What Your ISP May Know About You

Published a year ago
What Your ISP May Know About You

There’s an old 80's song that goes, “I always feel like somebody’s watching me, and I have no privacy.”
In 1949 George Orwell wrote the book Nineteen Eighty-Four. It’s a work of fiction, but one of the themes is about government surveillance.
Well, the 80s are long gone and the paranoia of that song and the fiction told in that book have become a reality. Our reality.
And if you’re reading this thinking, what? No one is watching or spying on me, think again. Because if you’re reading this you have internet access. Or a data plan.
In terms of your IPS at least, trust me. They are watching you. Are you aware there’s actually legislation in place required Internet Service Providers to monitor and analyze your internet traffic to be sure you’re remaining compliant with whatever local laws might be in place? Now, before you freak, this doesn’t mean there’s a vault somewhere with a history of all your web surfing. But your ISP is analyzing, classifying, and processing your habits while keeping all that info in a log file. This is all done automatically. No one is physically inspecting data, however, if you and your internet traffic were under investigation—and by that, I mean a criminal investigation—all of this data would be shared with law enforcement servers and you can be sure human eyes would be analyzing it on that end.
Before we go get into all the things your ISP may know about you, let me give you a heads up on how you can keep their spying at bay. Because that’s what you really want to know, right?
Use a VPN (Virtual Private Network)
There are many to choose from, so I recommend doing some research and checking features, but here’s a starting point: Check that review and a few others.
So, what does a VPN do for you?
Typically, when you go online, all your activity can be monitored because your IP address is an identifier. When you use a VPN your IP address is hidden behind the protection of the private network. You browse with a new identity. An IP address provided by the network, not your own.
Does Your ISP Know too Much?
Does your ISP use DPI (Deep Packet Inspection)? In some countries, the law requires they do. And what does that mean to you? It means you have virtually no privacy.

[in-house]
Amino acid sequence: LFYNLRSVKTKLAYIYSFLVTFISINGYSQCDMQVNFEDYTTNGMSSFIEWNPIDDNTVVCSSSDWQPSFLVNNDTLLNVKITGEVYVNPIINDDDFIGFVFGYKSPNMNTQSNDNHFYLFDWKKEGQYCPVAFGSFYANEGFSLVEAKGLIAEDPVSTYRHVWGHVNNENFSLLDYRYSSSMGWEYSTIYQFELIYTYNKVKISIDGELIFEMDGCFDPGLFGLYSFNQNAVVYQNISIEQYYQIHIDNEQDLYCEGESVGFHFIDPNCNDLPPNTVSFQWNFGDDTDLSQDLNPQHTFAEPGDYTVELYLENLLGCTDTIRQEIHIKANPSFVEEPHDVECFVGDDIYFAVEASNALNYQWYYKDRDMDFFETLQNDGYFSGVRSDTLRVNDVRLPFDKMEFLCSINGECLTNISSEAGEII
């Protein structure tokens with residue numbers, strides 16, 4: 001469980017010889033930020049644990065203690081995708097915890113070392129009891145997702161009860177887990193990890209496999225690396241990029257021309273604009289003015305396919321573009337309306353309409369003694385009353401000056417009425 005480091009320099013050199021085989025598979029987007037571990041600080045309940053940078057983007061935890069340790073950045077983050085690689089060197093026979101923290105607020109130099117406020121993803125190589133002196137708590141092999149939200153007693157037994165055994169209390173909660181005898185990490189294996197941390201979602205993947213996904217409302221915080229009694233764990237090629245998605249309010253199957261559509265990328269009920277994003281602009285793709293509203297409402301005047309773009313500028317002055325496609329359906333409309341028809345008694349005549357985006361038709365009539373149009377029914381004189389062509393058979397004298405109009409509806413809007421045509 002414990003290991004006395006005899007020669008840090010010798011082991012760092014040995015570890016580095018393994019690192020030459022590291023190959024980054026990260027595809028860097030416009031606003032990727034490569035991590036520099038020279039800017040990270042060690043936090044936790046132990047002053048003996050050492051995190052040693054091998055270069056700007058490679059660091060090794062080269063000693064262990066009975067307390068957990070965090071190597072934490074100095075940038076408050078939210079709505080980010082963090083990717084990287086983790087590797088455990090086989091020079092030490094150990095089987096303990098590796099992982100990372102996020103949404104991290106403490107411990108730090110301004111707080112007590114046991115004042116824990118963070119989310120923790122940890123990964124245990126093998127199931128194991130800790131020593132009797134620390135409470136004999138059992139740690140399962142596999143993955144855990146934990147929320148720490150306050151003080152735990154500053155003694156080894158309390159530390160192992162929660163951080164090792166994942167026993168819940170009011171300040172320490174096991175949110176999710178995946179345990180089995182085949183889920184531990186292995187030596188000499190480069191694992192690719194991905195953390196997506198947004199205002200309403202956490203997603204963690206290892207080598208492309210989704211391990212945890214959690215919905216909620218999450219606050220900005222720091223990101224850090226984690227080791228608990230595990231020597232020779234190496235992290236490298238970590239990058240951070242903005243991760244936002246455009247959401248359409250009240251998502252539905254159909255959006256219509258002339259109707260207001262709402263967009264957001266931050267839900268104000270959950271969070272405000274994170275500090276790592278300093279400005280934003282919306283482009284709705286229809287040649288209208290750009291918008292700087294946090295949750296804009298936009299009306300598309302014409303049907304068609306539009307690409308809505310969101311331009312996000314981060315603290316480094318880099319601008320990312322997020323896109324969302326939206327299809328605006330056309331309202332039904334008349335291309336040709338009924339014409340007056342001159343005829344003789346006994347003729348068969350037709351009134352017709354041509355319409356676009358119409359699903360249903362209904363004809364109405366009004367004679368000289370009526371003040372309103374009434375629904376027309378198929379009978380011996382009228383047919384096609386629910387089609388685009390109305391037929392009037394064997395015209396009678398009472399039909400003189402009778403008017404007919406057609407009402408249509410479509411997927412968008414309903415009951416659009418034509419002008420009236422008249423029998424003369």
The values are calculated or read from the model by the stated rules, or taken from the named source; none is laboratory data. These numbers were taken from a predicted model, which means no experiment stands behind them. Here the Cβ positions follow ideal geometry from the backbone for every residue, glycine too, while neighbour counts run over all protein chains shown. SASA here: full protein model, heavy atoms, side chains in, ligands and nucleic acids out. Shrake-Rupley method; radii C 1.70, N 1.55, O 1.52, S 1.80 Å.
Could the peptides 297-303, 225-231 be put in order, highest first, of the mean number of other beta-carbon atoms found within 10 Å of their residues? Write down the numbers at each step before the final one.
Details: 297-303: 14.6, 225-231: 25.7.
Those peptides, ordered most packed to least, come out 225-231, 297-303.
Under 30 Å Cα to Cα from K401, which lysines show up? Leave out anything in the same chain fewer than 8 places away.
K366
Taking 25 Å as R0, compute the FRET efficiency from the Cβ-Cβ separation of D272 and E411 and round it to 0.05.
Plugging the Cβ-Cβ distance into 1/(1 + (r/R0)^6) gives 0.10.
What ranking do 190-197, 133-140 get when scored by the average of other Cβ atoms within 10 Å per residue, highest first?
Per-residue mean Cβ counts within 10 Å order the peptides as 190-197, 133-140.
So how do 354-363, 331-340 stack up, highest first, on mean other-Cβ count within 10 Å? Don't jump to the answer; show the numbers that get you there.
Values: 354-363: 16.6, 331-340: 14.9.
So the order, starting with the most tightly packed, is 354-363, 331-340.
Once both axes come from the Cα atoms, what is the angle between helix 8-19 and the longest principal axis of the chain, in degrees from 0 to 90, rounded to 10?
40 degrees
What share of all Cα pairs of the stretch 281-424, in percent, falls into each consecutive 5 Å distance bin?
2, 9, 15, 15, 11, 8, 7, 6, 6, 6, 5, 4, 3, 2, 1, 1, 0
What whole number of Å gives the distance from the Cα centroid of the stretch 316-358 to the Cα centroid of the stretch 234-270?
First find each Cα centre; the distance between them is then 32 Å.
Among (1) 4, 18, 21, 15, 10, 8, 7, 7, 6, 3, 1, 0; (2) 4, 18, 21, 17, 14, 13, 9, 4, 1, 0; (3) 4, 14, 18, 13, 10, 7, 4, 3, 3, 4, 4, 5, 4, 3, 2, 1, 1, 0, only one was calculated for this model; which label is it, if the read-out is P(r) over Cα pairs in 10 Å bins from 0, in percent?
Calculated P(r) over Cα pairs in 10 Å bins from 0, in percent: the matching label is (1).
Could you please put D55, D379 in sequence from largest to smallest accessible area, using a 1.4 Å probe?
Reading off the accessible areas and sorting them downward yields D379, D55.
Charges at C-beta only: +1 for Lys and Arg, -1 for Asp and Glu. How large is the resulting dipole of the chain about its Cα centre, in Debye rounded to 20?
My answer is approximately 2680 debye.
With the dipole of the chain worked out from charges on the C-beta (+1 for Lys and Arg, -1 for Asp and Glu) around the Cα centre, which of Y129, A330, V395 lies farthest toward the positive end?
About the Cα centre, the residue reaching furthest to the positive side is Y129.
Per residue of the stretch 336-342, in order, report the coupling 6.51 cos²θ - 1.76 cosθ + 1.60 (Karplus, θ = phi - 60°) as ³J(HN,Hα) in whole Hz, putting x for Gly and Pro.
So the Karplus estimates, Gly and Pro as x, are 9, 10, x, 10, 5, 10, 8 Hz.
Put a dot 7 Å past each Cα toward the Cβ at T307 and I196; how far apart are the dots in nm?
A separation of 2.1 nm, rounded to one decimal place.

It’s called Deep Packet because it goes beyond collecting typical data like what IPs you may be connecting to, and the port numbers and protocols you connect with. It can collect all the information about your internet habits, and in some cases may even capture your SMTP emails. The full content of your emails! What habits, you may wonder? The sites you visit. How long you stay and how often you return. Your complete browsing history. Unless someone is a known criminal, I don’t think this is anyone’s business. I’m sure you agree.
Even if you connect to secure HTTPS sites, some of that data will be collected.
But my Computer (Device) is Secure!
That may very well be true, but you have no control over how secure things are at the other end—the sites you are visiting. Even if you endeavour to only visit sites that have HTTPS, do you know with 100 percent certainty those sites are 100 percent secure? That the webmaster didn’t mess up or skip a few steps? Is every link or every cookie on that site encrypted and not just the overall site itself? Because those internal links or cookies could be leaking data. Your data.
Based on the above, I’m sure you’re seriously considering a VPN now, aren’t you? And you should.
A VPN will protect your browsing history and your data from the prying eyes of your ISP.
I’ve already mentioned above that a VPN will cloak your IP address with one of theirs, so that’s the first layer of protection it will offer. Whatever sites you visit won’t be accessed using anything that will identify you.
All of your data is encrypted as well—both ways. So even if you visit a site with less than stellar security and encryption methods in place, you can breathe easy, knowing your VPN is taking care of that duty.
If that isn’t enough, here is a bonus reason to use a VPN. A virtual private network doesn’t just offer you one anonymous IP address to hide behind. They offer IP addresses that are geo-connected to nearly every country. If you’ve ever tried to access online content only to have it blocked by a geo-restriction, your VPN gives you a way to circumvent that. Is there a Netflix show you would love to watch that’s not available in your country? That problem could be a thing of the past with a VPN.
anna rana